But beneath this cellar, unknown even to the police, was a vault which had once served for storing spirits. It was below the level of the river; rats, damp, and stale alcohol gave it an atmosphere happily peculiar  to such abodes. There is no place in the world more law-abiding than a house of ill-fame, with the light of police supervision constantly upon it; and the astuteness of the sorcerer in choosing this for his place of evocation was rewarded by complete freedom from disturbance or suspicion. Any one could enter at any hour of day or night, with every precaution of secrecy, without drawing more than a laugh from the police on guard.
The entrance to the sorcerer's den was similarly concealed – by cunning, not by more obvious methods.
A sort of cupboard-shelf, reached by a ladder from the dancing cellar and by a few steps from one of the bedrooms in the house above, was called “Troppman's refuge,” it being said that that celebrated murderer once had lain concealed there for some days. His autograph, and some bad verses (all contributed by an ingenious cabaret singer) were shown upon the walls. It was therefore quite natural and unsuspicious for any visitor to climb up into that room, which was so small that it would only hold one man of average size. His non-reappearance would not cause surprise; he might have gone out the other way; in fact, he would naturally do so. But in the moment of his finding himself alone, he could, if he knew the secret, press a hidden lever which caused the floor to descend bodily. Arrived below, a corridor with three right-angled turns – this could,
incidentally, be flooded at need, in a few moments, – led to the last of the defences, a regular door such as is fitted to a strong room. There was an emergency exit to the cellar, equally ingenious; it was a sort of torpedo-tube opening beneath the water of the Seine. It was fitted with a compressed air-chamber. Any one wishing to escape had merely to introduce himself into a shell made of thin cork, and shoot into the river. Even the worst of swimmers  could be sure to reach the neighbouring quay. But the secret of this was known only to Douglas and one other.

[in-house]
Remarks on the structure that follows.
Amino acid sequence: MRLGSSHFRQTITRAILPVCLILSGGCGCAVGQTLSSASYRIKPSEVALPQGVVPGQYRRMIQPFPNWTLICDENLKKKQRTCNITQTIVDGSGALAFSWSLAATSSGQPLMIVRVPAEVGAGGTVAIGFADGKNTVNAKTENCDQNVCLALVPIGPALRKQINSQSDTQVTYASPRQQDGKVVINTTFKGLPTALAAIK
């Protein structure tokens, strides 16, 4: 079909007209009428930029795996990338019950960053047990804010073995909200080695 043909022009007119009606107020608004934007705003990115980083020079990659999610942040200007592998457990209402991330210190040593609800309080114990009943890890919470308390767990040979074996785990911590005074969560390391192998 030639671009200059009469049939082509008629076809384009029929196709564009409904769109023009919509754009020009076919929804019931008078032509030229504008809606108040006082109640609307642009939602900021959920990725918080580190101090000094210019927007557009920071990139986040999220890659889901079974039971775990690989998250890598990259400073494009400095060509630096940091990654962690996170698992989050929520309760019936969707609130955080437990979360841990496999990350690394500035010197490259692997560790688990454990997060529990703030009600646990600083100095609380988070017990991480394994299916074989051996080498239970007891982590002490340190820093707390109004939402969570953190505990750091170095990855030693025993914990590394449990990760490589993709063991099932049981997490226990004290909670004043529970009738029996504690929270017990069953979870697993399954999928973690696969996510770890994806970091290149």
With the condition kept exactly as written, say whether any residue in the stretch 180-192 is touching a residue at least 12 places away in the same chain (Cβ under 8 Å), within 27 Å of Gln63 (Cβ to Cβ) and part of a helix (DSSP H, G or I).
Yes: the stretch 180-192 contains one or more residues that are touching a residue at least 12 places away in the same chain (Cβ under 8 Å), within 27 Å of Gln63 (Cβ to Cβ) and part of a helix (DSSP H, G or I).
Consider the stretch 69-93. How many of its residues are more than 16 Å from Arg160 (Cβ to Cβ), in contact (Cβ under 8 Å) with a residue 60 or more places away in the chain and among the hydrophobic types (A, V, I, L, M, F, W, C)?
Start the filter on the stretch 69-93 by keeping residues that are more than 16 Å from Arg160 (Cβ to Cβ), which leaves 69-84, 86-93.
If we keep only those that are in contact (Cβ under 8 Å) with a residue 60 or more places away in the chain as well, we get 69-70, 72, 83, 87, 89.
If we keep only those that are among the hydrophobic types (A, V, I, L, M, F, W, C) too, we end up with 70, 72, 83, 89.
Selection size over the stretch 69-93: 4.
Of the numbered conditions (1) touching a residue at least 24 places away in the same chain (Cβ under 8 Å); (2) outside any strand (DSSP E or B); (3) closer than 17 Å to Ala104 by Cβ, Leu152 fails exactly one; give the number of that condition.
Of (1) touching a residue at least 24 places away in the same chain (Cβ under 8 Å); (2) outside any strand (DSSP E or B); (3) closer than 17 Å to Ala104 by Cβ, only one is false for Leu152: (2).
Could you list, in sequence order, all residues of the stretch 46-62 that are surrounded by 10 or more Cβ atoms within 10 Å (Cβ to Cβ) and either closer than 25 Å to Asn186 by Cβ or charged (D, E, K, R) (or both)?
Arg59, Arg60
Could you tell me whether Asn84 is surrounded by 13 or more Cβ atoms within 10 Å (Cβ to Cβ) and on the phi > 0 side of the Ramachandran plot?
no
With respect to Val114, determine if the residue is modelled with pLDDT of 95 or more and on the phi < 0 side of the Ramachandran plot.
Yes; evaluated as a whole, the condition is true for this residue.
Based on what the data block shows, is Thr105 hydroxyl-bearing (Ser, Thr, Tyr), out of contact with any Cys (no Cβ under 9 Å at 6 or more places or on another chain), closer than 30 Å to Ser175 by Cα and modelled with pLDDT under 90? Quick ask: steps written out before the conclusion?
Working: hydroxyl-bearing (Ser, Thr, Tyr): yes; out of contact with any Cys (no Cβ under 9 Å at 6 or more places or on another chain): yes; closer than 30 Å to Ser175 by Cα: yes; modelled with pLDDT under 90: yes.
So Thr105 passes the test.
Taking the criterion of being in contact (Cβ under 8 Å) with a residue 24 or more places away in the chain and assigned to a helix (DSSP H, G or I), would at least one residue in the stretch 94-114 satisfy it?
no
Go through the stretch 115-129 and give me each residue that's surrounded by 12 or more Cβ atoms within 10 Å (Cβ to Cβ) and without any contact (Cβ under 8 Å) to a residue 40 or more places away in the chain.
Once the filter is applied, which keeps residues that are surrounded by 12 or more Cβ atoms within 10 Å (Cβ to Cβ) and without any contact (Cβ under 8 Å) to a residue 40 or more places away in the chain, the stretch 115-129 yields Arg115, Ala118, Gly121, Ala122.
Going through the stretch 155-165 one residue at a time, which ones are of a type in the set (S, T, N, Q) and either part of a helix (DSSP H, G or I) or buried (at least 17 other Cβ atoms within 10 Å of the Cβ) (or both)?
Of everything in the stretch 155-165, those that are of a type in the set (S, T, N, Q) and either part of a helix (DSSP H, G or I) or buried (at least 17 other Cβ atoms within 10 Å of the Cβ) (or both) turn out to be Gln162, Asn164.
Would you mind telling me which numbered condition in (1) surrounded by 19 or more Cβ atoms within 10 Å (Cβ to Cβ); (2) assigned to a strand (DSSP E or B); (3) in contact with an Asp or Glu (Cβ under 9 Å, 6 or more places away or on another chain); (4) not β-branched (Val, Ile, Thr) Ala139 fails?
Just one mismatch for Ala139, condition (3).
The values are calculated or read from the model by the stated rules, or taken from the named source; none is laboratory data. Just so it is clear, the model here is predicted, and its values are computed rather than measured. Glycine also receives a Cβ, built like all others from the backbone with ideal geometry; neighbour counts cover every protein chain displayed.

The very earliest steps in such thoroughgoing sorcery as Douglas practised require the student to deform and mutilate his humanity by accustoming himself to such moral crimes as render their perpetrator callous and insensible to all such emotions as men naturally cherish; in particular, love. The Black Lodge put all its members through regular practices of cruelty and meanness. Guy de Maupassant wrote two of the most revolting stories ever told; one of a boy who hated a horse, the other of a family of peasants who tortured a blind relative that had been left to their charity. Such vileness as is written there by the divine hand of that great artist forbids emulation; the reverent reference must suffice.
Enough to say that stifling of all natural impulse was a preliminary of the system of the Black Lodge; in higher grades the pupil took on the manipulation of subtler forces. Douglas' own use of his wife's love to vitriolize her heart was considered by the best judges as likely to become a classic.
The inner circle, the fourteen men about Douglas himself and that still more mysterious person to whom even he was responsible, a woman known only as “Annie” or as “A.B.”, were sealed to him by the direst of all bonds. Needless are oaths in the Black Lodge; honour being the first thing discarded, their only use is to frighten fools. But before joining the Fourteen, known as the Ghaaghaael, it was obligatory to commit a murder in cold blood, and to place the proofs of it in the hands of Douglas. Thus each step in sorcery is also a step in slavery; and that any man should put such power in the hands of another, no matter for what hope of gain, is one of the mysteries  of perverse psychology. The highest rank in the Lodge was called Thaumiel-Qeretiel, and there were two of these, “Annie” and Douglas, who were alone in possession of the full secrets of the Lodge. Only they and the Fourteen had keys to the cellar and the secret of the combination.
Beginners were initiated there, and the method of introducing them was satisfactory and ingenious. They were taken to the house in an automobile, their eyes blinded by an ordinary pair of motor-goggles, behind whose glass was a steel plate.